A popular Italian chef, teacher and media personality who was raised in the port city of Bari in Italy’s Puglia region before emigrating to Toronto in 2001, Massimo Bruno hosts a series of family style supper club dinners each month in his King East kitchen studio, focusing on the culinary highlights from a specific region of Italy. Guests sit together at a long harvest table and everyone brings a bottle of their favourite wine. Before the evening begins, Massimo 'takes the stage' and introduces the culinary theme of the evening. "I am very passionate and curious by nature, and love sharing what I know, so I always give a little presentation during the meal and there’s lots of discussion throughout the evening about all things Italian." This particular evening was a taste of Sicily. "Sicilian cuisine is one of the most interesting in all of Italy. Because of the history and geography of the island there are many foreign influences, including North African, Arab, Spanish, French and Greek. And since it's in the middle of the Mediterranean, it's not surprising that Sicily has some of the best fish and seafood dishes you'll find".
Chef Bruno showcased some of Sicily’s classic dishes starting with a selection of antipasti including Arancini di Riso, Insalata di Finocchi e Arance, Involtini di Pesce Spada and Carpaccio di Polpo. To follow, we enjoyed heaping platters of Homemade Fettucine with Pistachio Pesto and a spectacular Timballo di Anelletti al Forno, a baked small ring pasta with bolognese, pecorino and mozzarella. As secondi, chef Bruno prepared Pollo all Melanzane served with lovely Minted Beans and a light mixed salad. Of course no Sicilian feast would be complete without the islands' signature dolce — Cannoli Siciliani presented deconstructed in small mason jars. At the end of the evening, a Perugina Baci chocolate was set before us a sweet departure gift, but as I looked up from the table, I admired a quote Massimo had pinned to the wall — Buon Cibo. Buon Vino. Buono Amici. Lovely words for another great Supper Club evening.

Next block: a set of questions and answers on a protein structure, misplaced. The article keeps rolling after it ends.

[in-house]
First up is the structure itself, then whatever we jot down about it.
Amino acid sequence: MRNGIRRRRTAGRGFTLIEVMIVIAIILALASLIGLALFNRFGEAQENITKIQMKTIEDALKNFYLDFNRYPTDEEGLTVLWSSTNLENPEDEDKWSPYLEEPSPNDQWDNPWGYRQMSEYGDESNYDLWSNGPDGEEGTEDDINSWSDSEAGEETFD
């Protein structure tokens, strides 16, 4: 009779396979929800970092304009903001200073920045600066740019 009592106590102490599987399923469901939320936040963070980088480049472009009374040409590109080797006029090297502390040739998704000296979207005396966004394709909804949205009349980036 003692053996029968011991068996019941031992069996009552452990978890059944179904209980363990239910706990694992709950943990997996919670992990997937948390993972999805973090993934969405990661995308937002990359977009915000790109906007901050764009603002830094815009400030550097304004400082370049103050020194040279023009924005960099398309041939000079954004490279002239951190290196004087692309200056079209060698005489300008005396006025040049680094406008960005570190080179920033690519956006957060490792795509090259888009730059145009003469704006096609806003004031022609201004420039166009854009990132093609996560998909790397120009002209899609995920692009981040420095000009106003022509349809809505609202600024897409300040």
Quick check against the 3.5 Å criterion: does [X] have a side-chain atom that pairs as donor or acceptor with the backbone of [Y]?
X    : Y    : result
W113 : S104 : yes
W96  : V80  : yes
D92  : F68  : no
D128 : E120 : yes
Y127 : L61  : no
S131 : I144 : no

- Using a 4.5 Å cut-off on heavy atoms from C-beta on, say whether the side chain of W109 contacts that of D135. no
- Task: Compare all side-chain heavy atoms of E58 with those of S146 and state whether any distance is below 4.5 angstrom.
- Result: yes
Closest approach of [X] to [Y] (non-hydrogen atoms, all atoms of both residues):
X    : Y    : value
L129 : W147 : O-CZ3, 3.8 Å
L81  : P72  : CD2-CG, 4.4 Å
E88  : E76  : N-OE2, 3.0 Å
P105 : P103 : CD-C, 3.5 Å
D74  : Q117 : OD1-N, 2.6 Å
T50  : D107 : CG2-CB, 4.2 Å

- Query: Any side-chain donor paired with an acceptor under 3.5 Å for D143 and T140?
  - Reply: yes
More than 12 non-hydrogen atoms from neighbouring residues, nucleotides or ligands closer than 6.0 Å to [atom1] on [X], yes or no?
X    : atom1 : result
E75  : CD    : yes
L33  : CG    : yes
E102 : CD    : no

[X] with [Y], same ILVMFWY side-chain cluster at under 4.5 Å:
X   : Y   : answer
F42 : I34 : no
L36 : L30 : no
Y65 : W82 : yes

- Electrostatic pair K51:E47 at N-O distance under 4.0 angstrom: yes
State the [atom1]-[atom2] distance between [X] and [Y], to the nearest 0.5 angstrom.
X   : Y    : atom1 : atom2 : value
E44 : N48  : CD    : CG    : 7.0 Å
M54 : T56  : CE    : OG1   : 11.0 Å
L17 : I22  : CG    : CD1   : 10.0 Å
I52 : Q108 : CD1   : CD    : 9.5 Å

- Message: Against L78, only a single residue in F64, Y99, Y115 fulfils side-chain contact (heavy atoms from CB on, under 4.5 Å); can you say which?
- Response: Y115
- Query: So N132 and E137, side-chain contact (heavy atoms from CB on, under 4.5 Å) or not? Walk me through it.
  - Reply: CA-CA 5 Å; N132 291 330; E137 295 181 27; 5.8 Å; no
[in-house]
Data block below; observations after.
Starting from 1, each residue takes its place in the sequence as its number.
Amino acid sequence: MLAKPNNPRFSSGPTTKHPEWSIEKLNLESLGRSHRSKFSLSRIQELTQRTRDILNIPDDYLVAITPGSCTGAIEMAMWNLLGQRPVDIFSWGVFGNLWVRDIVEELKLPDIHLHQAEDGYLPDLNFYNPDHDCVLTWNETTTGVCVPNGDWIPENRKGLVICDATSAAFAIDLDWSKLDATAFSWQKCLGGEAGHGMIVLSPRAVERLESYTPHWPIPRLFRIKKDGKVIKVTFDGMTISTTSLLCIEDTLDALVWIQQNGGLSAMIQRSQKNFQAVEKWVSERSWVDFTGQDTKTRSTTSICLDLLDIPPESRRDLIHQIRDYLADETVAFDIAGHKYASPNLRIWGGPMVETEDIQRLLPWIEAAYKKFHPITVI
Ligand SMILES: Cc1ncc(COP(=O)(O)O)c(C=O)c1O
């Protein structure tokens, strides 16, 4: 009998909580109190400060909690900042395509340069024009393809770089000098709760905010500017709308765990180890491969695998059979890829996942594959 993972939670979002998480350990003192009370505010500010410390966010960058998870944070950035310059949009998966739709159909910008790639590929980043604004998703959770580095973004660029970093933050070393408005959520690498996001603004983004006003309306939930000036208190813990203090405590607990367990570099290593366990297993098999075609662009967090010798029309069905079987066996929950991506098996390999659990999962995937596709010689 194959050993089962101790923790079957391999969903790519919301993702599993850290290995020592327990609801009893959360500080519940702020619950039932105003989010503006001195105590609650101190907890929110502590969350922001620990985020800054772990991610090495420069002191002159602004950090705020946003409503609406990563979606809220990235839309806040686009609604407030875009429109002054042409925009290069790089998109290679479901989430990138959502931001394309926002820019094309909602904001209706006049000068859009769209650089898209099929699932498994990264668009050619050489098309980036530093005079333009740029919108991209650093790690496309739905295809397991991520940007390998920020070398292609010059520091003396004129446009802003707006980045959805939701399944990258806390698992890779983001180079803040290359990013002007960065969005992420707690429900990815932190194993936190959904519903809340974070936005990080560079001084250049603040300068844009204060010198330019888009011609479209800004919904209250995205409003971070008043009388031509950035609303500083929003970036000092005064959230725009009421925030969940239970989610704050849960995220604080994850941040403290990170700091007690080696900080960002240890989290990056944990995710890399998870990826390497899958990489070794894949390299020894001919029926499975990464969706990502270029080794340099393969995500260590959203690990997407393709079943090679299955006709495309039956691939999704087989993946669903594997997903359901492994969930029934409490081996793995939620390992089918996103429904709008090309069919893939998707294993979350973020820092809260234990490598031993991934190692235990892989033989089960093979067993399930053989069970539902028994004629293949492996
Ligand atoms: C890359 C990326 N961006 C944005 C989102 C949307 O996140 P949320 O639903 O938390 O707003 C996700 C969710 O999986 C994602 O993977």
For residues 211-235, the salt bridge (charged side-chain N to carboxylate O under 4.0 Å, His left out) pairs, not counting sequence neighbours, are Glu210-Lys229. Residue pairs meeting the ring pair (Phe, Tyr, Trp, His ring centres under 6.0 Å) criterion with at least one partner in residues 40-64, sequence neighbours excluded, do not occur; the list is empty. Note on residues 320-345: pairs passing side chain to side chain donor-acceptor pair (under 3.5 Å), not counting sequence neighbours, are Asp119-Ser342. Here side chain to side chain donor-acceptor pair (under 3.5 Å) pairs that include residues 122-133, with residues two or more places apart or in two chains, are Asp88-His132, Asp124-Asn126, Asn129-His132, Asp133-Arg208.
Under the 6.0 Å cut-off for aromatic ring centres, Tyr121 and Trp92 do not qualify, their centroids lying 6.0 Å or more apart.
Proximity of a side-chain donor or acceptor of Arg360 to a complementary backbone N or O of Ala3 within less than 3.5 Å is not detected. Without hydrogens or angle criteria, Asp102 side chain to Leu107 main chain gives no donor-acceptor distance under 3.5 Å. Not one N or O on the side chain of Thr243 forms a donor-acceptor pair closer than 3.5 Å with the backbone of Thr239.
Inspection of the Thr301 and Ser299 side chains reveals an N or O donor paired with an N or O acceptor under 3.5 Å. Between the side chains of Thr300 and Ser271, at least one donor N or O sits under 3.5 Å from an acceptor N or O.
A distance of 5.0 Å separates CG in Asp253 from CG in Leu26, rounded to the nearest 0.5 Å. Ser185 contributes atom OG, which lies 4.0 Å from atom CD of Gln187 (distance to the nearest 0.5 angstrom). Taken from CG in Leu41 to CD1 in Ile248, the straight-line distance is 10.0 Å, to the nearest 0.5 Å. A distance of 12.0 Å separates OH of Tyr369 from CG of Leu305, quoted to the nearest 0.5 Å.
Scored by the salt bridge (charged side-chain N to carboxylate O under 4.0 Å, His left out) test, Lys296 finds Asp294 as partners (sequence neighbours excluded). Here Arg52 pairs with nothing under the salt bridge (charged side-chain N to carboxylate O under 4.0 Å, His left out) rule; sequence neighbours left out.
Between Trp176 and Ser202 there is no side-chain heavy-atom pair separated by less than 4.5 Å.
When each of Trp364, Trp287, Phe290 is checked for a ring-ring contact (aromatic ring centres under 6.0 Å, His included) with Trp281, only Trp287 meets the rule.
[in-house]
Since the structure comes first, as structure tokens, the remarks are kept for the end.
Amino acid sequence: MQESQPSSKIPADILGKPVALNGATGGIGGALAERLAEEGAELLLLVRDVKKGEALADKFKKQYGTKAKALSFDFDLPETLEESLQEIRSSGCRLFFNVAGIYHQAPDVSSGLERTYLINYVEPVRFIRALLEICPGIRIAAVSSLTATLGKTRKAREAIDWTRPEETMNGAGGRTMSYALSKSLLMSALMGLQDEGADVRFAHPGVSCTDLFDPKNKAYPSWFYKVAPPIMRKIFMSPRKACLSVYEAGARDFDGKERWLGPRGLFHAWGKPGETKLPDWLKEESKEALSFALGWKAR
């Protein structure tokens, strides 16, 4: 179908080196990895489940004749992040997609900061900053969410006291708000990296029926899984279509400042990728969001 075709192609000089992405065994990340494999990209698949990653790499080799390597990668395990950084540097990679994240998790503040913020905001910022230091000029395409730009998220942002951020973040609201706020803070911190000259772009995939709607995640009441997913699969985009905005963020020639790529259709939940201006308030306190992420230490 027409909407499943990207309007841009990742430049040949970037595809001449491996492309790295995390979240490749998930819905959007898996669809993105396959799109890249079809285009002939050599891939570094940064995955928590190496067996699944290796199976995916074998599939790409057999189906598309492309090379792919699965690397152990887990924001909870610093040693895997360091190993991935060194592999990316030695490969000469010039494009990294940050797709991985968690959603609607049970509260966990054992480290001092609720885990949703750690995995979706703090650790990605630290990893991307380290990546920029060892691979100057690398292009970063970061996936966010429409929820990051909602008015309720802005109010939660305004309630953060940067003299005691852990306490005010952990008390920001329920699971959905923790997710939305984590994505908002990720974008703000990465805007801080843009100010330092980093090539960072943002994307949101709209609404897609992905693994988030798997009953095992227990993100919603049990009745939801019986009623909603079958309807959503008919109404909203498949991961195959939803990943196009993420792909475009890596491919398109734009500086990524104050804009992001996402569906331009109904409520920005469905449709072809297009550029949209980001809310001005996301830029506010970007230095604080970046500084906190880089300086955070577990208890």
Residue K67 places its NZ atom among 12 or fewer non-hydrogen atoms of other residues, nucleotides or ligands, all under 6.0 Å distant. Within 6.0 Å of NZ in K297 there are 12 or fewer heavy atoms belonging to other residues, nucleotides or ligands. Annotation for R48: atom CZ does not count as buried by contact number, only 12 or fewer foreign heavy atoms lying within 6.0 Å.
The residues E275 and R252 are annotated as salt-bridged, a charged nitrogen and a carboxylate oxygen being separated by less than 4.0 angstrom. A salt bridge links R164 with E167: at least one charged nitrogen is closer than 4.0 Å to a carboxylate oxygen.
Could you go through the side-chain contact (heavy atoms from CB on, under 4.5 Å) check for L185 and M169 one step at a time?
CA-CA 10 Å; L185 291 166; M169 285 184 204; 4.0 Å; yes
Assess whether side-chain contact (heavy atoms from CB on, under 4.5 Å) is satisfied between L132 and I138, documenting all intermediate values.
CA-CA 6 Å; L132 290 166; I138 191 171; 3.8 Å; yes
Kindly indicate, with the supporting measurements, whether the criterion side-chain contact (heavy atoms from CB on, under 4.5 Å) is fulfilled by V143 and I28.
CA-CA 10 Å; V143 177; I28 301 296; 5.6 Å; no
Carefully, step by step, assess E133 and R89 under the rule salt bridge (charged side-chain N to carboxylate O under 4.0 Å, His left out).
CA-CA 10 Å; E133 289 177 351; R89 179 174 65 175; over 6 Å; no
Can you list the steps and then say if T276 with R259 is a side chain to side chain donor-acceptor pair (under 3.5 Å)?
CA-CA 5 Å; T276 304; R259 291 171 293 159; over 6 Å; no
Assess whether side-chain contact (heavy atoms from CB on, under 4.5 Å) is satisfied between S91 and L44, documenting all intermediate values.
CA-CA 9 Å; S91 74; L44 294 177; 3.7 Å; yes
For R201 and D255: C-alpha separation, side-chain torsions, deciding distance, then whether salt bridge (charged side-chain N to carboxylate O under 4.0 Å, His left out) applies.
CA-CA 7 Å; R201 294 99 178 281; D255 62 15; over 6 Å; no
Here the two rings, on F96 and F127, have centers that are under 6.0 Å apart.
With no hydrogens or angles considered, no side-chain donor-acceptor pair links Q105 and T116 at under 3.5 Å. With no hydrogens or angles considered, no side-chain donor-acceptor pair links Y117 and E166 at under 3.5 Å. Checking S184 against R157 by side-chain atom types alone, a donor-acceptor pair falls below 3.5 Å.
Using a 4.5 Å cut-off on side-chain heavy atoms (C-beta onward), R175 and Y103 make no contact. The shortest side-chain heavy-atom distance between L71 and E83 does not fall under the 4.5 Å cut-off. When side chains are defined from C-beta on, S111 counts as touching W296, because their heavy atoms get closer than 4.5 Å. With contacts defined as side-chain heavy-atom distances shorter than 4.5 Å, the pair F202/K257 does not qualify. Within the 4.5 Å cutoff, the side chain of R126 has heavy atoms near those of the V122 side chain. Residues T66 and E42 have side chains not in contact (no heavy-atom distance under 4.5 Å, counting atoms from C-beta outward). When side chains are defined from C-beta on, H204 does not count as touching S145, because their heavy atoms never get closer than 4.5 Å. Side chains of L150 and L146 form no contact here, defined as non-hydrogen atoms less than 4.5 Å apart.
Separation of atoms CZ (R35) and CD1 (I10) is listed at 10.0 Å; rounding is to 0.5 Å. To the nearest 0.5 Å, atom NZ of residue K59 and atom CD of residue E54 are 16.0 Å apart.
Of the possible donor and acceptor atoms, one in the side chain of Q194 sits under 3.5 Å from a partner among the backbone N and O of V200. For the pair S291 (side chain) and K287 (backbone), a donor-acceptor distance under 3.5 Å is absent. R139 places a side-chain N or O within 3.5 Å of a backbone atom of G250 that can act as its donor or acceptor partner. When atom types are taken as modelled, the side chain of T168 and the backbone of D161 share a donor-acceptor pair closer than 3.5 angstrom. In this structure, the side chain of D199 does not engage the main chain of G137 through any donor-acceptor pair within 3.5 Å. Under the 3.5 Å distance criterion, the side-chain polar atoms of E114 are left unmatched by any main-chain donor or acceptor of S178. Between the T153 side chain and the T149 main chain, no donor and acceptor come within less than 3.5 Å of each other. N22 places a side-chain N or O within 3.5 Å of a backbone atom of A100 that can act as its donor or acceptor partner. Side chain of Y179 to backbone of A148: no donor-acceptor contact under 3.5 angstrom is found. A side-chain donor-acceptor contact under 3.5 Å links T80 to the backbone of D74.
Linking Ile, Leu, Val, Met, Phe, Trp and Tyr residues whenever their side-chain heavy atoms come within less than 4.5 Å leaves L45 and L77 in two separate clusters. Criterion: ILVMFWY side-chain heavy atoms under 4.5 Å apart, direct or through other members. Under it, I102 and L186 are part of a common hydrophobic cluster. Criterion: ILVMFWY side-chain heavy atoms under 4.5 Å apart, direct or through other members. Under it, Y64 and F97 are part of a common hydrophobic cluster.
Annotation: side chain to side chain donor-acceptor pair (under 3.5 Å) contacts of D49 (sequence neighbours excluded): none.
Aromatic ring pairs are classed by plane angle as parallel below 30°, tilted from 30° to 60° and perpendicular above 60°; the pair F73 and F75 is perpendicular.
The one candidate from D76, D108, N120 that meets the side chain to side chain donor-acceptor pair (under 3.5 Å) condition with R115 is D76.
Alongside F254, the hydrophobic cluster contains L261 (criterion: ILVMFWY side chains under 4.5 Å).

Bottle Unico Pecorino Terre di Chieti from Abruzzo which we brought placed on ice in a steel bucket
A very special big bold 2004 Cordero di Montezemolo Barolo Monfalletto which we also brought for the evening's BYOB Sicilian dinner
Massimo's delicious homemade focaccia awaits guests as they arrive
Serving 40 guests each supper club evening, everyone sits together at a long harvest table
like a big family
Homemade Twig Chandelier hangs over the Harvest Table
The octopus carpaccio with lemon sauce is also sliced and arranged on plates,
ready to be served at a moments notice
Arancini di Riso - Sicilian-style rice balls
Insalata di Finocchi e Arance - blood and naval orange fennel salad
Braised Fennel Sausage
Carpaccio di Polpo - Octopus carpaccio with lemon sauce
Involtini di Pesce Spada - Swordfish rolls with tomatoes, capers, olives
Massimo preparing the Timbale earlier
Vito standing back after turning out the impressive Timballo di Anelletti al Forno
Timballo di Anelletti al Forno with extra bolognese and grated pecorino
Homemade Fettucine with Pistacchio pesto
Massimo and his brother Vito preparing the Green Beans with mint
Fagioli Verdi con meant e balsamico - Haricots vert with mint and balsamic drizzle
Pollo alle Melanzane - chicken with eggplant and tomato
Cannoli Deostruiti Siciliani - Deconstructed Sicilian Canoli with mascarpone and berry drizzle
Popette di uova
Recipe courtesy of Massimo Bruno
5 large eggs
100g freshly grated Romano cheese
100g bread crumbs
2 tbsp chopped parsley
1 tsp seasalt